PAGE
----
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Follow our progress on detection initiatives for AI writing, ChatGPT, and AI-paraphrasing
It’s been seven weeks since the initial launch of our Preview for AI writing detection. We remain steadfast in our...
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Recently, I shared an update on what we’ve learned since we launched the Preview for AI writing detection. In the same article, I highlighted that when it comes to AI writing detection metrics, there is a difference between sentence- and document-level metrics.
Our document false positive rate - incorrectly identifying fully human-written text as AI-generated within a document- is less than 1% for documents with 20% or more AI writing.
Our sentence-level false positive rate is around 4%. This means that there is a 4% likelihood that a specific sentence highlighted as AI-written might be human-written. The incidence for this is more common in documents that contain a mix of human- and AI-written content, particularly in the transitions between human- and AI-written content.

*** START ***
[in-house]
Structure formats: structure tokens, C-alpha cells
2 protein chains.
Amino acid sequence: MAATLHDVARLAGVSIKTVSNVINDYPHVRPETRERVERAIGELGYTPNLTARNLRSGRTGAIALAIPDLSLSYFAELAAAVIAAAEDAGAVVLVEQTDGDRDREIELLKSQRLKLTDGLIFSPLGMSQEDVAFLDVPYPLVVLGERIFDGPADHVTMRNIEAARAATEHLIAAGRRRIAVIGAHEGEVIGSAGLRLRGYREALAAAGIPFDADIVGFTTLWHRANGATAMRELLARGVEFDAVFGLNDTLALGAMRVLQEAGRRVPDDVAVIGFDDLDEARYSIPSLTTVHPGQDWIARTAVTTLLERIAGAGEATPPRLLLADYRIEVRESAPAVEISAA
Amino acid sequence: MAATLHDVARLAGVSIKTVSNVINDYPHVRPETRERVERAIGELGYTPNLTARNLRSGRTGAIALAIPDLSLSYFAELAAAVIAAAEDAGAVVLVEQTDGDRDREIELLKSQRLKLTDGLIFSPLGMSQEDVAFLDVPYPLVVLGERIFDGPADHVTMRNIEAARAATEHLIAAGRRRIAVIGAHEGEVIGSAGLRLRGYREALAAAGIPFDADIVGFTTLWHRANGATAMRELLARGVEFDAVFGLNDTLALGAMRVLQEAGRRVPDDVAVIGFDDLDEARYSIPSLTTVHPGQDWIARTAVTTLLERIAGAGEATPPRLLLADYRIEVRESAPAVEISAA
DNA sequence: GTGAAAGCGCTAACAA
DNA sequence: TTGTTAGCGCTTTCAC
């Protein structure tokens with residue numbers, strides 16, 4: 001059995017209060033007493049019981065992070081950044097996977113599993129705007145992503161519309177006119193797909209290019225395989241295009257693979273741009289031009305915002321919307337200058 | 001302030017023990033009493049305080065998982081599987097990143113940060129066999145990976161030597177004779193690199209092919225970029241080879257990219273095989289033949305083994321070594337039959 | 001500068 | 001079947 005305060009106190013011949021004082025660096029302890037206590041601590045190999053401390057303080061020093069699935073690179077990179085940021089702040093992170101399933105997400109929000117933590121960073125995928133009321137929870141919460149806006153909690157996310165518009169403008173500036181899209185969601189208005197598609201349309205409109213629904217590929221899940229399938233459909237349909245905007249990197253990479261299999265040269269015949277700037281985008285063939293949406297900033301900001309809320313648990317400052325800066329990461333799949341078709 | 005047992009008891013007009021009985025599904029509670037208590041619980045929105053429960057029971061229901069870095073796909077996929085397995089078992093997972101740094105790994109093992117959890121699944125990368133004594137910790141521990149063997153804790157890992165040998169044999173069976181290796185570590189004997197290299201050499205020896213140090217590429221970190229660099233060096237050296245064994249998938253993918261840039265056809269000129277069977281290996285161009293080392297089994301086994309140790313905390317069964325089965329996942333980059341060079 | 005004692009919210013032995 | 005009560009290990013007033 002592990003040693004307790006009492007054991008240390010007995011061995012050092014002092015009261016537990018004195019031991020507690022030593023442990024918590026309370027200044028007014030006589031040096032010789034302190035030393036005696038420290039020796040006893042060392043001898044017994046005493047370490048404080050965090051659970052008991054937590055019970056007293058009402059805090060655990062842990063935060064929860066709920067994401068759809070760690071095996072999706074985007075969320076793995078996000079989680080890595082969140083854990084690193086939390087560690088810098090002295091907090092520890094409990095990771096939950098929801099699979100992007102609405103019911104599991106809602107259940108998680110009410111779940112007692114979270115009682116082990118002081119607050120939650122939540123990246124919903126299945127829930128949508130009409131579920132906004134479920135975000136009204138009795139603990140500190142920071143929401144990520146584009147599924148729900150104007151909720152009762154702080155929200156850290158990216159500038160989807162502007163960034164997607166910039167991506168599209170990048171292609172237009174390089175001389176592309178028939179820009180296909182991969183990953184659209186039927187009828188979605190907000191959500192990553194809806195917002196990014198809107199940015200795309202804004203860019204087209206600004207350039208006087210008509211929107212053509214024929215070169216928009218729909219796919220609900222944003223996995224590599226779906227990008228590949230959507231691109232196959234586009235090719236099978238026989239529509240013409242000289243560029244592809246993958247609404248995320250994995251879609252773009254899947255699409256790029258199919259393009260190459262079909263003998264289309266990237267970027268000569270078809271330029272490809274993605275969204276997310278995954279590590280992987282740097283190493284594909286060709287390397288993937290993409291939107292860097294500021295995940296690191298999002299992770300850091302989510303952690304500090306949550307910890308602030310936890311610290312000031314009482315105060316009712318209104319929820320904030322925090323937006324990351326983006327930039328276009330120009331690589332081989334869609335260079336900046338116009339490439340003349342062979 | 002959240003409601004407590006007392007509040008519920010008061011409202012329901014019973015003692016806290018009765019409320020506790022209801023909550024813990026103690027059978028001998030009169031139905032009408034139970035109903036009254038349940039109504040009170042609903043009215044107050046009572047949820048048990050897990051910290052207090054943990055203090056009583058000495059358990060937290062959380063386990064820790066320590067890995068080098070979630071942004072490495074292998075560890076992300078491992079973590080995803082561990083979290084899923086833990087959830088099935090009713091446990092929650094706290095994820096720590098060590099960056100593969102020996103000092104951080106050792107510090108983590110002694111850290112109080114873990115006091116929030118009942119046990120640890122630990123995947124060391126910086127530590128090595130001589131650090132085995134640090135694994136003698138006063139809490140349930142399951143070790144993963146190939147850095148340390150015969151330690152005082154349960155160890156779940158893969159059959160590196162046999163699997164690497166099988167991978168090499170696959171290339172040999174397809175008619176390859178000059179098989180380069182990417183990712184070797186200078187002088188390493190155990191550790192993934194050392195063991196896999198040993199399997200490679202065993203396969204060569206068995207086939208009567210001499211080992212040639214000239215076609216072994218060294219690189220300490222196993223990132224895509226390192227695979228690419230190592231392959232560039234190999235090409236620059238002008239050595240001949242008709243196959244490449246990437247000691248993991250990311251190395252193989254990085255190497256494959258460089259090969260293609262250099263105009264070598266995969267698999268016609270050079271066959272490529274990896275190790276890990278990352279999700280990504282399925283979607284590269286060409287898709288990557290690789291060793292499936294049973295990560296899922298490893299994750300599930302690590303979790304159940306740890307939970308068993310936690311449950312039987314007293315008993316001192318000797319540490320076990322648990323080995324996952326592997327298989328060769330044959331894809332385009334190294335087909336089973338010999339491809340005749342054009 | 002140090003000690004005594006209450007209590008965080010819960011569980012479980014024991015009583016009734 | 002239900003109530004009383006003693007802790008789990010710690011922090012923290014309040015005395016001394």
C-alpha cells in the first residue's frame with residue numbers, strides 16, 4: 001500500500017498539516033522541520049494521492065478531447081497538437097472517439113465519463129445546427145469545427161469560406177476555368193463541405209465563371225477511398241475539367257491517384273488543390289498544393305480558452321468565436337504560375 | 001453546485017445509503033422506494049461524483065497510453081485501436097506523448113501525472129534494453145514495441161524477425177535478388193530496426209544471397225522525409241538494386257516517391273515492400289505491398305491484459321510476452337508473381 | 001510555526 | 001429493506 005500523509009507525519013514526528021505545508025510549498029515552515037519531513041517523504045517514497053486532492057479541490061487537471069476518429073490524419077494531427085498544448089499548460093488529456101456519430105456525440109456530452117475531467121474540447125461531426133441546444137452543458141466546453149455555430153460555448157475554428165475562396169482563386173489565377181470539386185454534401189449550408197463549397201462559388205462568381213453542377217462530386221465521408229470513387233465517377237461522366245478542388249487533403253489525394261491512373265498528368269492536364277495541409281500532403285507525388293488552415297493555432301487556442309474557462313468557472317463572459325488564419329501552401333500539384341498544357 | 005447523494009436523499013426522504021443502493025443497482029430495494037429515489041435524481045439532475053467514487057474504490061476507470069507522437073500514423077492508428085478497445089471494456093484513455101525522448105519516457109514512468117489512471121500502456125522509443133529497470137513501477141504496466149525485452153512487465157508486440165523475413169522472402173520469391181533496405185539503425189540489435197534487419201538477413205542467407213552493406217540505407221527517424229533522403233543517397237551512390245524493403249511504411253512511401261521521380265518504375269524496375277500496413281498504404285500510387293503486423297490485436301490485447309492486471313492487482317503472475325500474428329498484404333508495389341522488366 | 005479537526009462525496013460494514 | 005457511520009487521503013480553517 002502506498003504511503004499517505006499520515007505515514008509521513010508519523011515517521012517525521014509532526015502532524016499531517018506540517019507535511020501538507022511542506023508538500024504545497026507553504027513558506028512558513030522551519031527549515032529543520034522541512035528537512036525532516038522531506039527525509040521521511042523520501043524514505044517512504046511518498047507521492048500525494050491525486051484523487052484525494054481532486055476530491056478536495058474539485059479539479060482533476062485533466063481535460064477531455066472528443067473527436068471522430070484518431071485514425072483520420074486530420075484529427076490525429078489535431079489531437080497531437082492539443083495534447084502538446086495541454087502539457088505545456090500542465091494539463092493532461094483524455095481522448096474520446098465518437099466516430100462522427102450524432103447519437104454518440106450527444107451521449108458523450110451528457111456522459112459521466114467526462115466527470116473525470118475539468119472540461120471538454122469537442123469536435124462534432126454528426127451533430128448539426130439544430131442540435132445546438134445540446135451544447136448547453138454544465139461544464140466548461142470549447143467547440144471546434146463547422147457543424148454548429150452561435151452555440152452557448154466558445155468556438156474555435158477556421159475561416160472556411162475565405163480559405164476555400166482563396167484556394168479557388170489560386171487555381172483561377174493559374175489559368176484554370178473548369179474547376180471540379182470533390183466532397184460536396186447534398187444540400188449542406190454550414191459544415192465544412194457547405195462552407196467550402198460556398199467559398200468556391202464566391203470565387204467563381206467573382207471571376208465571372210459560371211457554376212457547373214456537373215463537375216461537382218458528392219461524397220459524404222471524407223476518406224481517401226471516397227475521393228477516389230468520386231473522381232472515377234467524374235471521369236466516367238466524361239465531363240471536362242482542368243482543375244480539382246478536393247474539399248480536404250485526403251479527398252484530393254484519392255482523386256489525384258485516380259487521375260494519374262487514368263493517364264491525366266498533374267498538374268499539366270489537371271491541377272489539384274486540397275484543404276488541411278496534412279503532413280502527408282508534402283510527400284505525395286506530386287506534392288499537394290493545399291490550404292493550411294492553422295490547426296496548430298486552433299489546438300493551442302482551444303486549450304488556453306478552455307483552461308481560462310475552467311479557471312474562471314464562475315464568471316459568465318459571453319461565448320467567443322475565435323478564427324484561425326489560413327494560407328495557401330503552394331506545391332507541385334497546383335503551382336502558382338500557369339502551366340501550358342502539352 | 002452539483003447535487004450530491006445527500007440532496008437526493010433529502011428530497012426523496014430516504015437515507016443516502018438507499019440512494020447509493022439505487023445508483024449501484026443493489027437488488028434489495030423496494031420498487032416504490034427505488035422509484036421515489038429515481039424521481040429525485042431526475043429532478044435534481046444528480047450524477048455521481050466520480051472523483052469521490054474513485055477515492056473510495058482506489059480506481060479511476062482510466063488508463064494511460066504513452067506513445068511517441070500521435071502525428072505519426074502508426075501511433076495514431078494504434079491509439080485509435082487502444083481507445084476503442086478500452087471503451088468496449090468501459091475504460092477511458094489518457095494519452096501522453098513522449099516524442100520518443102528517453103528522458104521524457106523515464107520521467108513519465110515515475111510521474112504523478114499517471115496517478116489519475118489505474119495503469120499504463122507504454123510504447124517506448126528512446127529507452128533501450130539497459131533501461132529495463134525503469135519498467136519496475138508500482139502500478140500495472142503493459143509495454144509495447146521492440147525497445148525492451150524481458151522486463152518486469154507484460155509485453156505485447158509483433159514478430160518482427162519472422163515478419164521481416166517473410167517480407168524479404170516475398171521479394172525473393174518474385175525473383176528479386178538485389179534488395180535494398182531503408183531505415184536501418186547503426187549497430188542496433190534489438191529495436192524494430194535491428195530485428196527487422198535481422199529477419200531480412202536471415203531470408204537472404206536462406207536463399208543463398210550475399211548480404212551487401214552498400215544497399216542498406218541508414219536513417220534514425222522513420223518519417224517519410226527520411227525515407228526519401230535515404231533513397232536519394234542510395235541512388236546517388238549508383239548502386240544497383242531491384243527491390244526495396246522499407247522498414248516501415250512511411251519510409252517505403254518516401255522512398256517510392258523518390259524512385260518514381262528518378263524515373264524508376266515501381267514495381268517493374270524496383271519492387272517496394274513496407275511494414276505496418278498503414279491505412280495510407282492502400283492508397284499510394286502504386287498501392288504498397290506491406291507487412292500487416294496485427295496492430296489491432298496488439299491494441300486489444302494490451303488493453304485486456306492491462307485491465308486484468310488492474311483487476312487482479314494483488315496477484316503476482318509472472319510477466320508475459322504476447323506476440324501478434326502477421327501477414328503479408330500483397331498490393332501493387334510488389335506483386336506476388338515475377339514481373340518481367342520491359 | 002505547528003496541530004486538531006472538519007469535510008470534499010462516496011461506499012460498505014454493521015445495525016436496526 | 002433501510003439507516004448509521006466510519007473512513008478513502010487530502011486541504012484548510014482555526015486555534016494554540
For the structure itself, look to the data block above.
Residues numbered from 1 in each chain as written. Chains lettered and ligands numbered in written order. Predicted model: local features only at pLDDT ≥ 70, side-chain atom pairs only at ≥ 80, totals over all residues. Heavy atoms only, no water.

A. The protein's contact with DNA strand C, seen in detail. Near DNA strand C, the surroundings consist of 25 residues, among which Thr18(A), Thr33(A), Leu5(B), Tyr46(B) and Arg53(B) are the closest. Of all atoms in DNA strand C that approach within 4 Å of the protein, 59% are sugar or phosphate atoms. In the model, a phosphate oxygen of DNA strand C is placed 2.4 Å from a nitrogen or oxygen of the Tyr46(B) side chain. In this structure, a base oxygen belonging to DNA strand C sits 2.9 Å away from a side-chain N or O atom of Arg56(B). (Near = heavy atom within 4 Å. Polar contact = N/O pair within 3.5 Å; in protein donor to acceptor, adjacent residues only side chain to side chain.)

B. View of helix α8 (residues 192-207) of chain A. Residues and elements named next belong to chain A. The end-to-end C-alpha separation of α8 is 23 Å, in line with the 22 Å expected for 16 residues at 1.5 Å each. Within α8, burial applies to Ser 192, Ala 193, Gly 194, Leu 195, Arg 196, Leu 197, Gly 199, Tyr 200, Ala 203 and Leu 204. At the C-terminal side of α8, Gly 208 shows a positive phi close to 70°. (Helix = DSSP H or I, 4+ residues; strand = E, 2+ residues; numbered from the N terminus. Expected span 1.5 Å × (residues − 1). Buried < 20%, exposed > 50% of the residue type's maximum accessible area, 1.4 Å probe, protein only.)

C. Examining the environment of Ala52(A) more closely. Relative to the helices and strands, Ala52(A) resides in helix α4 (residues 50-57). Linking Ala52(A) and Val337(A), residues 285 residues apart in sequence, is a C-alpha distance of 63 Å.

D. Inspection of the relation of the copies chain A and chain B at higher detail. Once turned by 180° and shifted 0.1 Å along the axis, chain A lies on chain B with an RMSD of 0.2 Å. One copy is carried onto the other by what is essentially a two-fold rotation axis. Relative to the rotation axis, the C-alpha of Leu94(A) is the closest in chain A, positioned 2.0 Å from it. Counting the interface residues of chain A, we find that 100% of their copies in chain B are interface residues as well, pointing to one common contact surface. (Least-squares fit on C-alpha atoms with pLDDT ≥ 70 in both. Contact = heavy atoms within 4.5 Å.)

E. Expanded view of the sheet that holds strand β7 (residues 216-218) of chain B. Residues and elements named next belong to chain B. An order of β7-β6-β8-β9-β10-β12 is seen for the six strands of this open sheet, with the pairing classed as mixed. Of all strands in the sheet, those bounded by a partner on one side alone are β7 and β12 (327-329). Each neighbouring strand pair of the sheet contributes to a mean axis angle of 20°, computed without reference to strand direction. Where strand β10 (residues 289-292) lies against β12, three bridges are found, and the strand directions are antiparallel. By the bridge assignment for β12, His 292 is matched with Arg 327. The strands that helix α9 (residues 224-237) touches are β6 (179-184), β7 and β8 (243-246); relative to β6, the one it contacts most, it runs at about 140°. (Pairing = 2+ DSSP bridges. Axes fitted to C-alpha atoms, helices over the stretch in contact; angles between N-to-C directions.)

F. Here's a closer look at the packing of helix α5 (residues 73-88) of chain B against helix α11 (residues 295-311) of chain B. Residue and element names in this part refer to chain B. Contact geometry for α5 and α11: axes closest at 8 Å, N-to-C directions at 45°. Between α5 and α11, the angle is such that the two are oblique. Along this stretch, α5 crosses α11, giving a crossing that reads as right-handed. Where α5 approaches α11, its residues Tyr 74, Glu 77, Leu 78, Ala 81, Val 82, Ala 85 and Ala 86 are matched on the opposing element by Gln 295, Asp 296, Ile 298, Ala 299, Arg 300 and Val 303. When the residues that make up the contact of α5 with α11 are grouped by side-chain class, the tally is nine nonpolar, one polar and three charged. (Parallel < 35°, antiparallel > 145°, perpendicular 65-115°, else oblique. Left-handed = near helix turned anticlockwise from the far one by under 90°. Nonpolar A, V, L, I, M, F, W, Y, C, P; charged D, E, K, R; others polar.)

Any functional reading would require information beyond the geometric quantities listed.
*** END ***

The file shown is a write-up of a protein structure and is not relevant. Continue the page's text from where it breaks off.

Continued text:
As explained in my earlier article, there is a correlation between these sentences and their proximity in the document to actual AI writing. 54% of the time, these sentences are located right next to actual AI writing.
Watch this short video where David Adamson, an AI scientist at Turnitin and a former high school teacher, explains more about false positives in a sentence.
While we cannot mitigate the risk of false positives completely given the nature of AI writing and analysis, we believe that by being transparent and helping instructors understand what our metrics mean and how to use them, we can enable them to use the data meaningfully.
Here are a few tips that can help you further understand how to use our AI detection metrics:
For more on false positives, read our previous blog Understanding false positives within our AI writing detection capabilities.